my in-town 2-hour mission trip

I have desired for a while now to have a chance to get out of my comfort zone (and, yes, my house!) in order to participate in some sort of justice and mercy ministry. When Lisa Mazzio (fellow counselor and psychologist at my church) asked me to join her in offering pro-bono counseling to the homeless served by Trinity during our week of hosting NEST [Norfolk Emergency Shelter Team], I jumped at the chance. I told Seth as I left last night that I felt both nervous and excited, and I half-seriously said that I was going on my mission trip. (A contrast to Seth who’s preparing for a 10-day mission trip to India in the spring.)

When I arrived and walked past crowds of men and women waiting to get in (certainly much more than the 50 who would be selected by lottery), I felt guilty for breezing past in my new boots and the 4-year-old winter coat I’d secretly complained about for being “old” and “unfashionable.” Seeing true poverty has a way of putting petty fashion complaints into perspective.

As I served these people dinner,  looking in their faces and putting a plate of food in front of them, I felt a part of me come alive that’s been dormant for a while. This is Christ in me, who loves the “least of these” (by the world’s standards), who delights in offering a cup of cold water to the thirsty, a plate of food to the hungry, a warm shelter on a cold night to those without. And yet it seemed like so little! For just a week, our church hosts them, and for barely 12 hours a night. How much of a difference could that really make? And that is a reason why we must have faith. Faith that God will multiply even the tiniest of offerings done in his name – that he will multiply the scarcity into an abundance, and that he will use even this small act of service to multiply his grace in my heart.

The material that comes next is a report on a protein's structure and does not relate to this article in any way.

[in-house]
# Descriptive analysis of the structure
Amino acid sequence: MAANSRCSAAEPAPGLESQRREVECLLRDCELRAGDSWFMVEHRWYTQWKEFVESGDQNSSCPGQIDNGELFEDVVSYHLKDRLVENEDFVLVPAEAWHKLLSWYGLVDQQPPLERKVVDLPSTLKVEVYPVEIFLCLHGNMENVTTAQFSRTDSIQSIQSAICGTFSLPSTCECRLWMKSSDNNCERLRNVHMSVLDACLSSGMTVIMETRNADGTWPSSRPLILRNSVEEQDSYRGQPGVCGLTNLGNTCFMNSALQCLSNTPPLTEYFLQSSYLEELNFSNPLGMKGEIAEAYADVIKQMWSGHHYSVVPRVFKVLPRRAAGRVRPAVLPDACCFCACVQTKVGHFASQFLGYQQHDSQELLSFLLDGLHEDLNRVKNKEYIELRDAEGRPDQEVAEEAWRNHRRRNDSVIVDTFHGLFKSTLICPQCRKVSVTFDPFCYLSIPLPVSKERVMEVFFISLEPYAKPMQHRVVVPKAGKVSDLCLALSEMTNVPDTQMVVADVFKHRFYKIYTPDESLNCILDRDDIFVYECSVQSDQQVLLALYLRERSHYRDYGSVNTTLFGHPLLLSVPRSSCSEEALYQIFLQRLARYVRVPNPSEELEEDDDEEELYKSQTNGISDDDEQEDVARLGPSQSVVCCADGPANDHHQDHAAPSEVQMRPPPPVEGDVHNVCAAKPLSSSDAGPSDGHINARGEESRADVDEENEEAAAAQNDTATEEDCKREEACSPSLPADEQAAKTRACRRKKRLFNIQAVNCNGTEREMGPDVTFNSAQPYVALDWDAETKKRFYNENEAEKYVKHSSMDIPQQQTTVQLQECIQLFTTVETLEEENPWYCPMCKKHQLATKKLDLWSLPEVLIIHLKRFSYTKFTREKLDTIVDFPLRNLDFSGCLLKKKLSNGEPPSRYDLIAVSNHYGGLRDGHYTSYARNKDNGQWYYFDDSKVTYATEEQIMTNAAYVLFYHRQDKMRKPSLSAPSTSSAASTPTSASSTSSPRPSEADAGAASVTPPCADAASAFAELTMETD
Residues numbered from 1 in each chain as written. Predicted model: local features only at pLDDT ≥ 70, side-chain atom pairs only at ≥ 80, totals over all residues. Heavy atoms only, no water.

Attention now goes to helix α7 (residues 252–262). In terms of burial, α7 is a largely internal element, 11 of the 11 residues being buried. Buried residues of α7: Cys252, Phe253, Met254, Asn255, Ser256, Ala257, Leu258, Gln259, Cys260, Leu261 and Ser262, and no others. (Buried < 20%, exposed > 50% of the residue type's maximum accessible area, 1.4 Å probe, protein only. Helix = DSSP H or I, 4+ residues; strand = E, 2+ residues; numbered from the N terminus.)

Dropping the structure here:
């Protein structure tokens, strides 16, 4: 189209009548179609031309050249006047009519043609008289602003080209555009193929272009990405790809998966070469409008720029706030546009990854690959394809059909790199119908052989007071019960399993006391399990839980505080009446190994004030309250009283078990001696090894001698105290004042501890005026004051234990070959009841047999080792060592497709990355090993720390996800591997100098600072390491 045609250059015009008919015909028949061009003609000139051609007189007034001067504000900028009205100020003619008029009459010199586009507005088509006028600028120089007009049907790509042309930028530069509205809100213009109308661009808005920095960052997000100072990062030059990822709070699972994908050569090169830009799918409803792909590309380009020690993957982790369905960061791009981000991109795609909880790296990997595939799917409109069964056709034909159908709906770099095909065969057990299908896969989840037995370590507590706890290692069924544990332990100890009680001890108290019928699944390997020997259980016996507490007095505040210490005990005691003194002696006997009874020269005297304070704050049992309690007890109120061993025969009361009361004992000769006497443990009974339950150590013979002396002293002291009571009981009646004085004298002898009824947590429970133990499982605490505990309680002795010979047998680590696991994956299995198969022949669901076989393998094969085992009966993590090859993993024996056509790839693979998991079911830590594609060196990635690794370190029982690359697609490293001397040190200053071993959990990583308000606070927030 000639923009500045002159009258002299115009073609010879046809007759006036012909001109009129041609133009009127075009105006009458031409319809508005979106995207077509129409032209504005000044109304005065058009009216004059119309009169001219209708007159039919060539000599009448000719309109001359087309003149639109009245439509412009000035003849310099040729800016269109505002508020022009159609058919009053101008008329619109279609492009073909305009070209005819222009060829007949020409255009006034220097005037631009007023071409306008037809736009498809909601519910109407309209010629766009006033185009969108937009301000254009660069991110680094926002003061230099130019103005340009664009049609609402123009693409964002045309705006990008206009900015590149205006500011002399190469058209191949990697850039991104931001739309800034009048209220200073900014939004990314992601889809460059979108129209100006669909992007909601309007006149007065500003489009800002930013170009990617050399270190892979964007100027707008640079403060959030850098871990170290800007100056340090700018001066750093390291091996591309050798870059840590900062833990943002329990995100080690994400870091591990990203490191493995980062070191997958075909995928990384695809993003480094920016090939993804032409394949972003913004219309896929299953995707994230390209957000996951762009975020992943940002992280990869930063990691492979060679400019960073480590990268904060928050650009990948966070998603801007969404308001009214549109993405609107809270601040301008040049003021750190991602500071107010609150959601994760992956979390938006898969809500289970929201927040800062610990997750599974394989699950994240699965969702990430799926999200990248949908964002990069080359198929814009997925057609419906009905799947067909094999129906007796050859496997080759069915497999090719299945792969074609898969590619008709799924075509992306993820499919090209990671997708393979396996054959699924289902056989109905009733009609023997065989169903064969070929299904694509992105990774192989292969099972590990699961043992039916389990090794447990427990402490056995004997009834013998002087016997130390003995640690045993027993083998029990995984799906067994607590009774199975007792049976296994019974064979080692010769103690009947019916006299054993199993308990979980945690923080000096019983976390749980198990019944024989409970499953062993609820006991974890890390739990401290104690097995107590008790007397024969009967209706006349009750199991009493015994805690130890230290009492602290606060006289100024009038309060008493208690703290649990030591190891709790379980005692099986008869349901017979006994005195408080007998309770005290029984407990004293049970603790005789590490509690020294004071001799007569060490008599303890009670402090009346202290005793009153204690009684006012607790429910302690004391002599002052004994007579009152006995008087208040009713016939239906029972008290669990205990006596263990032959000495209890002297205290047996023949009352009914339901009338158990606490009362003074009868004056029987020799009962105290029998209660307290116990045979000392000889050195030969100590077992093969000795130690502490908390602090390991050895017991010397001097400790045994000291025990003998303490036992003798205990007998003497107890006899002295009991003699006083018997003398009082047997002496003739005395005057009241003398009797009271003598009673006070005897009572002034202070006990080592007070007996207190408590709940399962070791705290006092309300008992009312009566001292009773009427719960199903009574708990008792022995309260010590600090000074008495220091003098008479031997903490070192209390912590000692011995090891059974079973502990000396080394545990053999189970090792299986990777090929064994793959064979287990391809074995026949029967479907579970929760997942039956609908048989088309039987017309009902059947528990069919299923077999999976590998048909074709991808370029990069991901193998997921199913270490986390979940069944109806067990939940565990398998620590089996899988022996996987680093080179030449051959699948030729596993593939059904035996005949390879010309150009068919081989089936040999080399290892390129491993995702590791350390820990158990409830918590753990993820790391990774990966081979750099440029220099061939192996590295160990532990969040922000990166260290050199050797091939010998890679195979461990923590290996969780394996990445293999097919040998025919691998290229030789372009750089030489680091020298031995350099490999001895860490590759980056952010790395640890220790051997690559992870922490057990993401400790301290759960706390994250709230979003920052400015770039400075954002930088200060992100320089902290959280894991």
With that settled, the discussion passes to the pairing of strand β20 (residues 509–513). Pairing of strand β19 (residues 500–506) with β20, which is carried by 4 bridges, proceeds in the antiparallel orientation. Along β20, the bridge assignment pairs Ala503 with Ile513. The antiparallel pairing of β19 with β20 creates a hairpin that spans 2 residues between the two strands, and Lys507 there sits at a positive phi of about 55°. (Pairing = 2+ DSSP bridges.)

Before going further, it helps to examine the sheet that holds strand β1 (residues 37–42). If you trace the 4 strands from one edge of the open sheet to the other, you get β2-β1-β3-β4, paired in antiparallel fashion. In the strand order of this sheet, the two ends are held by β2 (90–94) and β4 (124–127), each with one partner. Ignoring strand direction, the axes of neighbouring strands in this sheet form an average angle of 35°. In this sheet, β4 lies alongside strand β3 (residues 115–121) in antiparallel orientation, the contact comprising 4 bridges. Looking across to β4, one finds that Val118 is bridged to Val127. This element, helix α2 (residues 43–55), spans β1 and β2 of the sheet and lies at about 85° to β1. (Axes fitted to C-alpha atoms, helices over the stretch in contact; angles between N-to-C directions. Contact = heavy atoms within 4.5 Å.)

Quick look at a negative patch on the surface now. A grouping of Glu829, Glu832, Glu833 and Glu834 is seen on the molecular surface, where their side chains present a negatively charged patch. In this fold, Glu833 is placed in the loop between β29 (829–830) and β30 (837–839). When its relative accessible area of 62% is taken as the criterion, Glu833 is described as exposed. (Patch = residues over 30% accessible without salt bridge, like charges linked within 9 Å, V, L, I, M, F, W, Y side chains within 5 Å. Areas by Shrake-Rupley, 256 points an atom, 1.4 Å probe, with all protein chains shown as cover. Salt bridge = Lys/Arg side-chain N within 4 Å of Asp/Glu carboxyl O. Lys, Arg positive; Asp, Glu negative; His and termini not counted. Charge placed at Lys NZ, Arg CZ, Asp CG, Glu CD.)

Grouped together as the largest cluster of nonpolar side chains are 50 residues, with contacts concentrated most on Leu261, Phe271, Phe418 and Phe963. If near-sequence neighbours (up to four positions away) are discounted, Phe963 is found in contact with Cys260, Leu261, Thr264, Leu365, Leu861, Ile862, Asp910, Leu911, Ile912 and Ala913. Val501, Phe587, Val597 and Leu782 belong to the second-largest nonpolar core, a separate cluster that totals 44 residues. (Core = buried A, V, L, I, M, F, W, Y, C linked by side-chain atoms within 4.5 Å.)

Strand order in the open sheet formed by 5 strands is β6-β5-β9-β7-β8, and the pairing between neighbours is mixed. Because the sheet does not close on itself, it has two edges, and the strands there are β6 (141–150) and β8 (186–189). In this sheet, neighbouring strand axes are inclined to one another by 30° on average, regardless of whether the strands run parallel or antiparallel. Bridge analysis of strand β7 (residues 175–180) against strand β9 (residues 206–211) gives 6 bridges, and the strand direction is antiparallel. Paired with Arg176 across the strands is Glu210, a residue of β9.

Lisa and I had the privilege of sitting with one man and hearing his story. All throughout, he kept calling us “angels.” What did we do? We listened; we affirmed his pain; we asked a few clarifying questions; we sought to give him hope that he could in fact change. Simple really. Will it make a difference for his life? I don’t know. I may not ever know. But I know that Christ was there with us, in us, speaking and listening through us. And that will make a difference in my life.

I saw tonight a reflection of myself, spiritually speaking. Lest I become too  prideful and think that my service in Christ’s name makes me somehow better than those I served or that I obtained better status with God through it, God reminded me that when I was thirsty, he gave me something to drink. When I was hungry, he fed me. When I needed shelter, he invited me in. And he continues to do so every day to one as spiritually thirsty as the man we met with; to one hungry for the one who really satisfies, to one who thinks her self-righteousness can clothe her yet it is only fig leaves and filthy rags, to one in need of the shelter of his grace lest I fall under the judgment and wrath I deserve.

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